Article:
By using this site, you agree to our Privacy Policy and our Terms of Use. Close
curl-6 said:

There is some improvement over BOTW.

Tears has sharper image quality, draw distance has been improved, and the addition of Ultrahand and with it the ability to assemble physics-driven contraptions anywhere in the game brings with it significant extra performance overhead, yet with these additions it still it runs just as well if not a little bit better than BOTW did.

I would gladly take shorter draw distance and some pop in for sharper visuals on tv. And a way to dial up the in game contrast. The game is fun, but not being able to see well what's going on while playing during the day sucks.

VAMatt said:

I think one issue that makes the graphics feel a little soft and squishy is the lack of contrast in some areas, and the large amount of fog.  Frankly, I find myself often wondering why the developers have chosen to make things feel washed out much of the time.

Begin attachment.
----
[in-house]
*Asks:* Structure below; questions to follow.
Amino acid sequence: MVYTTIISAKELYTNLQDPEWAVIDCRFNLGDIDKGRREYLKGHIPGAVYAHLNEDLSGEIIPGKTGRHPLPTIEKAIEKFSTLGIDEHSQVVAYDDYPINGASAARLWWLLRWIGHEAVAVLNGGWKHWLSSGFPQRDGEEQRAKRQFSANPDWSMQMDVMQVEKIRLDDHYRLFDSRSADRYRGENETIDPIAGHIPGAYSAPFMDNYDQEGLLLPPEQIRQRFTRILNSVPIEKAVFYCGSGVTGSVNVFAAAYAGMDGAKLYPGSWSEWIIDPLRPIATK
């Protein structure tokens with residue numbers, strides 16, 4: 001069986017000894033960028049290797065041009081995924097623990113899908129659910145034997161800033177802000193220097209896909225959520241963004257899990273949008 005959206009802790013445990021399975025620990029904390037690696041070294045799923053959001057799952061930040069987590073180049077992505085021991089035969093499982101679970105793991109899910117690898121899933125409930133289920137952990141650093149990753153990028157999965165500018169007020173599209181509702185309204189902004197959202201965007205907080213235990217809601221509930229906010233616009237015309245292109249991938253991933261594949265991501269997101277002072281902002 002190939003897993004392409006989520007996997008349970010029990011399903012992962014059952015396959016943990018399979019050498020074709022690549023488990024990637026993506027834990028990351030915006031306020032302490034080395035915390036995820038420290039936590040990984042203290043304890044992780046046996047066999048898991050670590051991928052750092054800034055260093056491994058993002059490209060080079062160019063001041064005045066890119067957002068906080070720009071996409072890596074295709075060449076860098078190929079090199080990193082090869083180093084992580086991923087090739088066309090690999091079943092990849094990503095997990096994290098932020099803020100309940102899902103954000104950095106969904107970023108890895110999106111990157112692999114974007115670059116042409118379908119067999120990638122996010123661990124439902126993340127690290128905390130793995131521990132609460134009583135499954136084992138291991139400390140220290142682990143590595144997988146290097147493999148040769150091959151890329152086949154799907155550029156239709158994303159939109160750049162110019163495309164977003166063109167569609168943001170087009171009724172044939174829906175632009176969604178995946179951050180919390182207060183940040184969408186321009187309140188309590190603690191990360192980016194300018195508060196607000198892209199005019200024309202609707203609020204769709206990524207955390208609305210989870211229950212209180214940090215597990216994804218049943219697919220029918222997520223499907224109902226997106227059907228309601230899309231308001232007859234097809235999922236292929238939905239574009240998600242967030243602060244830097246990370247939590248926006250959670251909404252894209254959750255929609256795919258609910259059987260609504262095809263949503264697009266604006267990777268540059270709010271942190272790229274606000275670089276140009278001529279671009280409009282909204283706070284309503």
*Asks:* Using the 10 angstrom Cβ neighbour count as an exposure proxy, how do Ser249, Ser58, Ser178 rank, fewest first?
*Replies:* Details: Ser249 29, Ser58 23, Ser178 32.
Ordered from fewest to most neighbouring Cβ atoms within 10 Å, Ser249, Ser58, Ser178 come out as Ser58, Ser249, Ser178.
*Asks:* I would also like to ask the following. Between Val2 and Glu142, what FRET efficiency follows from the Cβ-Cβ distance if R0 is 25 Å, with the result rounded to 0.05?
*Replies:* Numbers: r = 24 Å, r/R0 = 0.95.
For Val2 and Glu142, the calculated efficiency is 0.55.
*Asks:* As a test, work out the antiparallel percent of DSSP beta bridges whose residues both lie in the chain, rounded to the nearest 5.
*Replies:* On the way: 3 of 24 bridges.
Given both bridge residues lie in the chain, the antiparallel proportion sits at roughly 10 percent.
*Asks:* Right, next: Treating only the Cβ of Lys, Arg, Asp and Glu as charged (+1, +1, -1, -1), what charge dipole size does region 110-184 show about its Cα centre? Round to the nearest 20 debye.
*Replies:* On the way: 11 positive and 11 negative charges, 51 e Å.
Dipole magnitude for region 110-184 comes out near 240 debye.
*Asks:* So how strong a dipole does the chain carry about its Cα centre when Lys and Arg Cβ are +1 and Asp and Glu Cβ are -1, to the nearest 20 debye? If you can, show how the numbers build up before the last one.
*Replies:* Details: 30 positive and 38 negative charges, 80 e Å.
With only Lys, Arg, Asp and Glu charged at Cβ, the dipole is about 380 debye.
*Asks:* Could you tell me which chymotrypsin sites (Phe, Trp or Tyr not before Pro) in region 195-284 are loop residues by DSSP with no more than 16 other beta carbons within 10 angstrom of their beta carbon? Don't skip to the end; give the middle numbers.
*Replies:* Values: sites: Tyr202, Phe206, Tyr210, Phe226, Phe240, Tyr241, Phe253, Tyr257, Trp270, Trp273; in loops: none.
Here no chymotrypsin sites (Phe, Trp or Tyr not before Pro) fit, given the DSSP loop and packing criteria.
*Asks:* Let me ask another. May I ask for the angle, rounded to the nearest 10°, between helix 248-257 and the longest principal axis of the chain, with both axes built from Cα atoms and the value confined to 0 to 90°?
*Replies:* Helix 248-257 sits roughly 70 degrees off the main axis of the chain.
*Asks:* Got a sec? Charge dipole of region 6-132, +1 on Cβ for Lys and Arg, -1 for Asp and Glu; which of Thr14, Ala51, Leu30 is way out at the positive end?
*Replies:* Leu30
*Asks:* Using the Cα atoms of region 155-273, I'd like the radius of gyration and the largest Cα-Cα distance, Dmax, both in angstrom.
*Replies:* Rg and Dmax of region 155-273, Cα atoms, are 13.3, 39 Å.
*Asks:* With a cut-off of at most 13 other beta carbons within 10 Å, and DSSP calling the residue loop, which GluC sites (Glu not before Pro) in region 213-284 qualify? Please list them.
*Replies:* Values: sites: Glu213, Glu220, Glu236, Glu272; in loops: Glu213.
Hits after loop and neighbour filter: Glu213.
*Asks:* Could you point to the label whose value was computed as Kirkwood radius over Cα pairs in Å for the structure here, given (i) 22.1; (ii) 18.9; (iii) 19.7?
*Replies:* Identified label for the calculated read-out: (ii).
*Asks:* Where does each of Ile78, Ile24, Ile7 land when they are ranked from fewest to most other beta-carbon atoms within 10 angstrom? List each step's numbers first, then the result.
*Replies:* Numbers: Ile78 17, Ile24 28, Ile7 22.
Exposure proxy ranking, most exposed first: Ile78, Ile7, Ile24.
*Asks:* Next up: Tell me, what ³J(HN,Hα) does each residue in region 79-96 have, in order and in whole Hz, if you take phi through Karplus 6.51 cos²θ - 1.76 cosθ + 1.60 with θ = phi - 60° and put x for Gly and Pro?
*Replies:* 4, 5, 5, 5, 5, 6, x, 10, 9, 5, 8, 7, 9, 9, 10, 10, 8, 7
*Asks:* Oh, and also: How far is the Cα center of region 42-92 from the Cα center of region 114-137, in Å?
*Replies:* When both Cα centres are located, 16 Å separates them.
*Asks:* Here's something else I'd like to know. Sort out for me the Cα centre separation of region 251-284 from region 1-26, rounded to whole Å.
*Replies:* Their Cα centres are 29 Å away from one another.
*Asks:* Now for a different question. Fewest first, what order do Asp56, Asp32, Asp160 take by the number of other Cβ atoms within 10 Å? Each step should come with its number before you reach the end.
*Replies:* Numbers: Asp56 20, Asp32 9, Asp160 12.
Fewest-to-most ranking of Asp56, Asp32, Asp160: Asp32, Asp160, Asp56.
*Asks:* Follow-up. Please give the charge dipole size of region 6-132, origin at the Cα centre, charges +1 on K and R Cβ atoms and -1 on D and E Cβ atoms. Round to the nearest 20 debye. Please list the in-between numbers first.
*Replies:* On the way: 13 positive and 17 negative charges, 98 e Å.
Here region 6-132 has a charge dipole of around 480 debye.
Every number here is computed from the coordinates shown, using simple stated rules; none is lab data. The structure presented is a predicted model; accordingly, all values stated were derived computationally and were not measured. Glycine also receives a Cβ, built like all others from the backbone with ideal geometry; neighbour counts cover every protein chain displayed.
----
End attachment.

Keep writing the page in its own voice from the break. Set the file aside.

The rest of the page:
That said, these things don't seem to be as big of a factor when playing handheld. It's when I'm playing on a large, bright TV that I notice it the most. And I guess that just kind of reinforces what you and others have said here, that Switch is really a handheld. I mostly play it docked though, so I think it subconsciously gets compared to consoles in my mind. The fact that I can play it on my TV does not make it a home console though.  

Maybe BotW was the same or worse, I played that in a dark room on a 1080p projector. The LCD projector is low contrast itself, better fit I guess. On 65" 4K HDR tv it's hard to see what's going on in full ambient light conditions. They probably tested it on Handheld as the primary way to play the game. It's a handheld, pretty evident by the lack of even an in game brightness setting.

Anyway it's dark again, I can continue. Descending in some very dark (and low contrast) cave on Sky Island. Still in the tutorial lol.